A Primer on Calories
If you’ve ever finished an entire bag of veggie chips, then looked at the nutrition facts label only to discover that the amount you consumed was actually double what you thought it was, you’re not alone. Confusing nutrition facts labels making it difficult to truly understand your real caloric consumption will become less of a challenge in the coming year. Even though it can be daunting to navigate the vast world of food products, there is a glimmer of hope in sight. New updates to the Nutrition Facts Label are geared towards making it easier for consumers to make informed food choices, especially when it comes to counting calories, sugars and carbs. By July 26, 2018, all food manufacturers will be using the new label which emphasizes more realistic serving sizes and easier to understand nutrition information.
What is a Calorie?
In order to fully understand the foods we are consuming, we should first break it down to looking at calories. You hear the word all the time, but do you truly know what makes up a calorie? Simply put, calories are energy. The caloric value of a food can be determined by measuring the composition of carbohydrates, protein and fat that make up that food. Carbohydrates and proteins contain 4 calories per gram, while fats contain 9 calories per gram. All calories are not created equal, despite what you may hear in the media. It’s important to know that the FDA bases its nutrition labels on a 2,000 calorie diet. The footnote of the nutrition label will soon be modified to better explain what “percent Daily Value” means. The FDA writes that percent Daily Value is a percentage of the 2,000 calorie diet recommended as general nutrition advice, providing consumers with a slightly more information to better understand the numbers presented on the label. This information is used as a general guideline, however most people do not need 2,000 calories per day, especially if sedentary. Furthermore, for an elite athlete such as a basketball player or even an Olympic competitor, this information is completely irrelevant, as their caloric requirements are significantly higher. To best determine your caloric needs, there are many apps on the market that allow you to enter your personal information, level of exercise and thus determine your approximate caloric requirements. There is also incredible wearable technology making it easier for you track your fitness and caloric needs.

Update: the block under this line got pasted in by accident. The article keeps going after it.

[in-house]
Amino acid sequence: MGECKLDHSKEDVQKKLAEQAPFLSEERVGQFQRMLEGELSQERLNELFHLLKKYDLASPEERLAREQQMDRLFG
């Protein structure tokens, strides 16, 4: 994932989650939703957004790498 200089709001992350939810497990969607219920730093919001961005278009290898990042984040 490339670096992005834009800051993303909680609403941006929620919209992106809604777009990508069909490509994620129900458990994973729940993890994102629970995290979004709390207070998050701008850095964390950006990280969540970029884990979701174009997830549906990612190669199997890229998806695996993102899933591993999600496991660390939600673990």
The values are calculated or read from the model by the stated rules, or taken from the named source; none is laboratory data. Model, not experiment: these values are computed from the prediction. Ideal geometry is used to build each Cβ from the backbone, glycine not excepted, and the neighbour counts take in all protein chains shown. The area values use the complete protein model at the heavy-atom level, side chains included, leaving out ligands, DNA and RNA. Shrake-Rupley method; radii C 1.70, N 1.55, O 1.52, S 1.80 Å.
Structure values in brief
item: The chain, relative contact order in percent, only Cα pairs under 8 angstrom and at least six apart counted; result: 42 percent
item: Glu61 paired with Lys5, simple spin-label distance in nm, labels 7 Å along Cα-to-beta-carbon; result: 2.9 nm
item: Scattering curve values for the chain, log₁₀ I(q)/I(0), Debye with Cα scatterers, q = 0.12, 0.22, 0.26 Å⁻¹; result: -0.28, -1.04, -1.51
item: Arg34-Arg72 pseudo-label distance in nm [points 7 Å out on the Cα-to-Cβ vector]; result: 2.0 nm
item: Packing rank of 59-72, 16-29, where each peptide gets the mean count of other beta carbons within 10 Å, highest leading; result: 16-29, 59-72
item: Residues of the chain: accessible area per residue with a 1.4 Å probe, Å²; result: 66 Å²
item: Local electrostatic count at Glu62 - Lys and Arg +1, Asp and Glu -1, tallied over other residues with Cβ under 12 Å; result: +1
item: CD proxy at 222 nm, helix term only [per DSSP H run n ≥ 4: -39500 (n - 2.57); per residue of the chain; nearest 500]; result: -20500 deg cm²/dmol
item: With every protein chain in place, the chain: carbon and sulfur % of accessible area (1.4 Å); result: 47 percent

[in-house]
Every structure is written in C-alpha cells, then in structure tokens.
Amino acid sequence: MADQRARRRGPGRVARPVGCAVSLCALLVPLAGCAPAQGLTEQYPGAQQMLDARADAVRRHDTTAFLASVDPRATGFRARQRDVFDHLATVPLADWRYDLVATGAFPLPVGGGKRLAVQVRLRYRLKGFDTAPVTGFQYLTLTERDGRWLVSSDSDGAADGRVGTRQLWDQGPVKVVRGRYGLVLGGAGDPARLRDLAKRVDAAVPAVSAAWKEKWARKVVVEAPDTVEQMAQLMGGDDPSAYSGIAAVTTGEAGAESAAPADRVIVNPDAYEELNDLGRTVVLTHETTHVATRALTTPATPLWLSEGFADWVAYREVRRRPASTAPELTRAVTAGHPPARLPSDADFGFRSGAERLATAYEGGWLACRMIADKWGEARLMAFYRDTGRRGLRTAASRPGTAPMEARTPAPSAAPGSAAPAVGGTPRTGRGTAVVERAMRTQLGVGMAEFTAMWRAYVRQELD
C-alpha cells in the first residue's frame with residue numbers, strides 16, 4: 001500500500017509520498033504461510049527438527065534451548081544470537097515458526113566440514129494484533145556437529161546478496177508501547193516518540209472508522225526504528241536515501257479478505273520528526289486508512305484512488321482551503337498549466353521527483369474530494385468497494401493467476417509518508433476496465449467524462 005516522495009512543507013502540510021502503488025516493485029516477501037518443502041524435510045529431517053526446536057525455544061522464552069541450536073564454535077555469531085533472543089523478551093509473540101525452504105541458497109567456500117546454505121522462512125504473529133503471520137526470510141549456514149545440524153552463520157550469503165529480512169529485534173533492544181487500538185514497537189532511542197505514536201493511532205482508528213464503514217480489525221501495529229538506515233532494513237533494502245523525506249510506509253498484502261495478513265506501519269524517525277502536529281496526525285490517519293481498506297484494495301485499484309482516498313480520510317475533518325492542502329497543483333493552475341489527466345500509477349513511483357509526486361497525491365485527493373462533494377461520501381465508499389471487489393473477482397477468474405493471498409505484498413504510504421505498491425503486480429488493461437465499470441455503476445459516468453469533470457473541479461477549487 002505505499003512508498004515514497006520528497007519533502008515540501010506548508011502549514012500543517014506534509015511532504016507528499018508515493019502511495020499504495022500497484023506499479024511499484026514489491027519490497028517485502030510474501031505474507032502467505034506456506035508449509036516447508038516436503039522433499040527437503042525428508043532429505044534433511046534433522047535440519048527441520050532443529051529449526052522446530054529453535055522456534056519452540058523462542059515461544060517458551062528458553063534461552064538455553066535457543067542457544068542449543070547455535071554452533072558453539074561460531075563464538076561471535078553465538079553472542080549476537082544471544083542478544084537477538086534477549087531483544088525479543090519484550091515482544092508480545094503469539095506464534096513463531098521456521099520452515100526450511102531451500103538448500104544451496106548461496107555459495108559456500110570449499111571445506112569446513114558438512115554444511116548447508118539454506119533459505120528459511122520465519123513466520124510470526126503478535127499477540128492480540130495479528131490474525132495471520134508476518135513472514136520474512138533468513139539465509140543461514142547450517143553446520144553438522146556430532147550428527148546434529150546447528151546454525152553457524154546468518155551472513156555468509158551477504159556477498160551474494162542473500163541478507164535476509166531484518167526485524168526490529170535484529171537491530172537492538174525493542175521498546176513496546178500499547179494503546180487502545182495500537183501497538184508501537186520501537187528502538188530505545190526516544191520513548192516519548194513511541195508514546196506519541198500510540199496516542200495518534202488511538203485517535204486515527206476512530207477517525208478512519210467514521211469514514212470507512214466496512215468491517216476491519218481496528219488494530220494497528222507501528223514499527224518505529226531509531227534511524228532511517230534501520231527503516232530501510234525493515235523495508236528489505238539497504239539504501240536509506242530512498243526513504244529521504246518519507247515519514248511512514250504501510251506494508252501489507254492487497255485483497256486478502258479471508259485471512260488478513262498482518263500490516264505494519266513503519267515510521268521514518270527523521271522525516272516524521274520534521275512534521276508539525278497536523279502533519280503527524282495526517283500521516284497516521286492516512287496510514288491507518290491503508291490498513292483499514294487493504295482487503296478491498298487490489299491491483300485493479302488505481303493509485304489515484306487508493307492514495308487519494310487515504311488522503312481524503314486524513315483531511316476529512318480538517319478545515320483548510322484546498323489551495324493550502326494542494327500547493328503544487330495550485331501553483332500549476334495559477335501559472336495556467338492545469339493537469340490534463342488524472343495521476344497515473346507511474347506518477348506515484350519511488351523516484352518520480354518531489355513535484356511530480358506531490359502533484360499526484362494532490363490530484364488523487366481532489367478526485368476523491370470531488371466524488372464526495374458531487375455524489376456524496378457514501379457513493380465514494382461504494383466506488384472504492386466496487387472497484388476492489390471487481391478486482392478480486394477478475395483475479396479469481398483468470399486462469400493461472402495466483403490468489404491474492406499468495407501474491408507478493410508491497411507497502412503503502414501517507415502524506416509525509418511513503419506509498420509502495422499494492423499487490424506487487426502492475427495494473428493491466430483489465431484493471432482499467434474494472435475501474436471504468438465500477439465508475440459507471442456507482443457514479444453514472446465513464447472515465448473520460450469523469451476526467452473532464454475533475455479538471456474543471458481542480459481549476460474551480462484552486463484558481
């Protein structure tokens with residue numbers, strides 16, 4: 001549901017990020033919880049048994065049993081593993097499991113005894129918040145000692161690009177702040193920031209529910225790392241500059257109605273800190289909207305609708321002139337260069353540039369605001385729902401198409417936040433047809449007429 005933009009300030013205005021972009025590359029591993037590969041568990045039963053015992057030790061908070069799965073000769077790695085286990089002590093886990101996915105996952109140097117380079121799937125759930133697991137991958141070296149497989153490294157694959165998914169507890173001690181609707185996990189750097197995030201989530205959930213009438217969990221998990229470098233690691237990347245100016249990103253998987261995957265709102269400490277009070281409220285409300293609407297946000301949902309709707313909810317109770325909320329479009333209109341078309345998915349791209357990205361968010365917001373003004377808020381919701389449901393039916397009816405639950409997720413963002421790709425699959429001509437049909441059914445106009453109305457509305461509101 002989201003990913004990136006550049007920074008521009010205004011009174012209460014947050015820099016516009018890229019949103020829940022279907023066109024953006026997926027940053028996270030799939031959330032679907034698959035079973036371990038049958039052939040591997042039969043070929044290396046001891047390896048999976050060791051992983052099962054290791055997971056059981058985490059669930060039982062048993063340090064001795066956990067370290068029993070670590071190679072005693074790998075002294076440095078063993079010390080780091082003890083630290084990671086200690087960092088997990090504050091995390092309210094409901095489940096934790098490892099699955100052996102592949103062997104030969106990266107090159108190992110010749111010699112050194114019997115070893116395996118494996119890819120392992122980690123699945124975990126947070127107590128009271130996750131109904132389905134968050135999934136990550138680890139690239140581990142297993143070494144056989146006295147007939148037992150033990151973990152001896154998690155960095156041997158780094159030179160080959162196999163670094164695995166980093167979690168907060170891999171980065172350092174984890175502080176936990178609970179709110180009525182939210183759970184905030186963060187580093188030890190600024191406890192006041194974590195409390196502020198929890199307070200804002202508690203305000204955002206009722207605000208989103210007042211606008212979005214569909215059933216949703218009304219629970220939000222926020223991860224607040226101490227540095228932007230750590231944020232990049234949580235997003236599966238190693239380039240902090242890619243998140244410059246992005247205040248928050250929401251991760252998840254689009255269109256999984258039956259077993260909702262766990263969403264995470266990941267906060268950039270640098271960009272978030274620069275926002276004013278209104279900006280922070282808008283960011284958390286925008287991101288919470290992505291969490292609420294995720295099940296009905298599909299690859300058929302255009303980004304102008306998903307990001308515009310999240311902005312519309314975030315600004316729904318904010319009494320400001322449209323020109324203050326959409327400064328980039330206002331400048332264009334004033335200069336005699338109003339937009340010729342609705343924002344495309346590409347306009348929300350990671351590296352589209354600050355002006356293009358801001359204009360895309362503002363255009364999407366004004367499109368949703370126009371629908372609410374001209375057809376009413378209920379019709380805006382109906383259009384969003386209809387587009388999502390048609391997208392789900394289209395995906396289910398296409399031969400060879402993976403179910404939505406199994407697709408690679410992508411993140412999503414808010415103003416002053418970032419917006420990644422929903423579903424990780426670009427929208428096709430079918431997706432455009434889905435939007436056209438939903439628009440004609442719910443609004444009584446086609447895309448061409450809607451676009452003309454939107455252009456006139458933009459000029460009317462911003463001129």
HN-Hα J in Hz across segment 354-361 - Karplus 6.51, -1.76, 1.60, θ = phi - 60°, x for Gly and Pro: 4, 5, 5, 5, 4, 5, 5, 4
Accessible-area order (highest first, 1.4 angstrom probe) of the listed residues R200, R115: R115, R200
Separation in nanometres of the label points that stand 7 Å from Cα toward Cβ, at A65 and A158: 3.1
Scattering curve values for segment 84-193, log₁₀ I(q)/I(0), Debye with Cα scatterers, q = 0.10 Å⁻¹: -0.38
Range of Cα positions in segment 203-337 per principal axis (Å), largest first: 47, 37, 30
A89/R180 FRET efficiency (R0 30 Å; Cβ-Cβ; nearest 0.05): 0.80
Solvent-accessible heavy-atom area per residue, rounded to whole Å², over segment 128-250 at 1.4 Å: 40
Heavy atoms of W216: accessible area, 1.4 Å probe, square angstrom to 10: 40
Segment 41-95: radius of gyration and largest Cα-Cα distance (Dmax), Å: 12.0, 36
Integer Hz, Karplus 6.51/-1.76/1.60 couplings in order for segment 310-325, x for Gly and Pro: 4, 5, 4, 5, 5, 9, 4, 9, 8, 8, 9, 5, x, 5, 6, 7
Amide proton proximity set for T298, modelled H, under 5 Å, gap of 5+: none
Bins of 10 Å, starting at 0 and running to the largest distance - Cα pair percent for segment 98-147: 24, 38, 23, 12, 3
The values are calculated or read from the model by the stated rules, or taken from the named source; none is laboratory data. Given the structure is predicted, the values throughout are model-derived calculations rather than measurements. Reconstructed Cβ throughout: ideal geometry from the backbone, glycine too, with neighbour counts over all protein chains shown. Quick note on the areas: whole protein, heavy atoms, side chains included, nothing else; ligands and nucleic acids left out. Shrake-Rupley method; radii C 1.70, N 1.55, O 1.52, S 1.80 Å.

The New Nutrition Label: How Many Calories Are REALLY In Your Food?
With the July 2018 deadline quickly approaching, you will begin to see these subtle yet helpful changes on packaged food products. The goal is to create a consumer friendly label that enables one to make informed nutrition and caloric decisions when putting fuel into ones body. The modifications to the label focus primarily on the amount of food being consumed (the number of calories, nutrients, vitamins, and minerals). According to the FDA’s website, the look and feel of the label will remain unchanged and FDA scientists have tweaked the image slightly in efforts to promote healthier living. Identified label changes will include an increase in font size of the calorie count, servings per container, and serving size. In addition to font changes, the FDA is mandating that food manufacturers include the actual amount and percent Daily Value of vitamin D, calcium, iron, and potassium on the food label. It is optional to include information about other vitamins and minerals, including vitamins A and C. What is the rationale for this change you may ask? The FDA states that on average, Americans consume enough vitamin A and C, but not enough vitamin D, calcium, iron, and potassium, indicating that those vitamins and minerals are of more concern than the ones we already consume enough of. According to the Center for Disease Control, consumption of Vitamin D and potassium are essential in maintaining bone health, lowering blood pressure, and reducing risk of chronic disease. Though altering the font size on the label may seem trivial, there are some more pronounced changes that should be noted.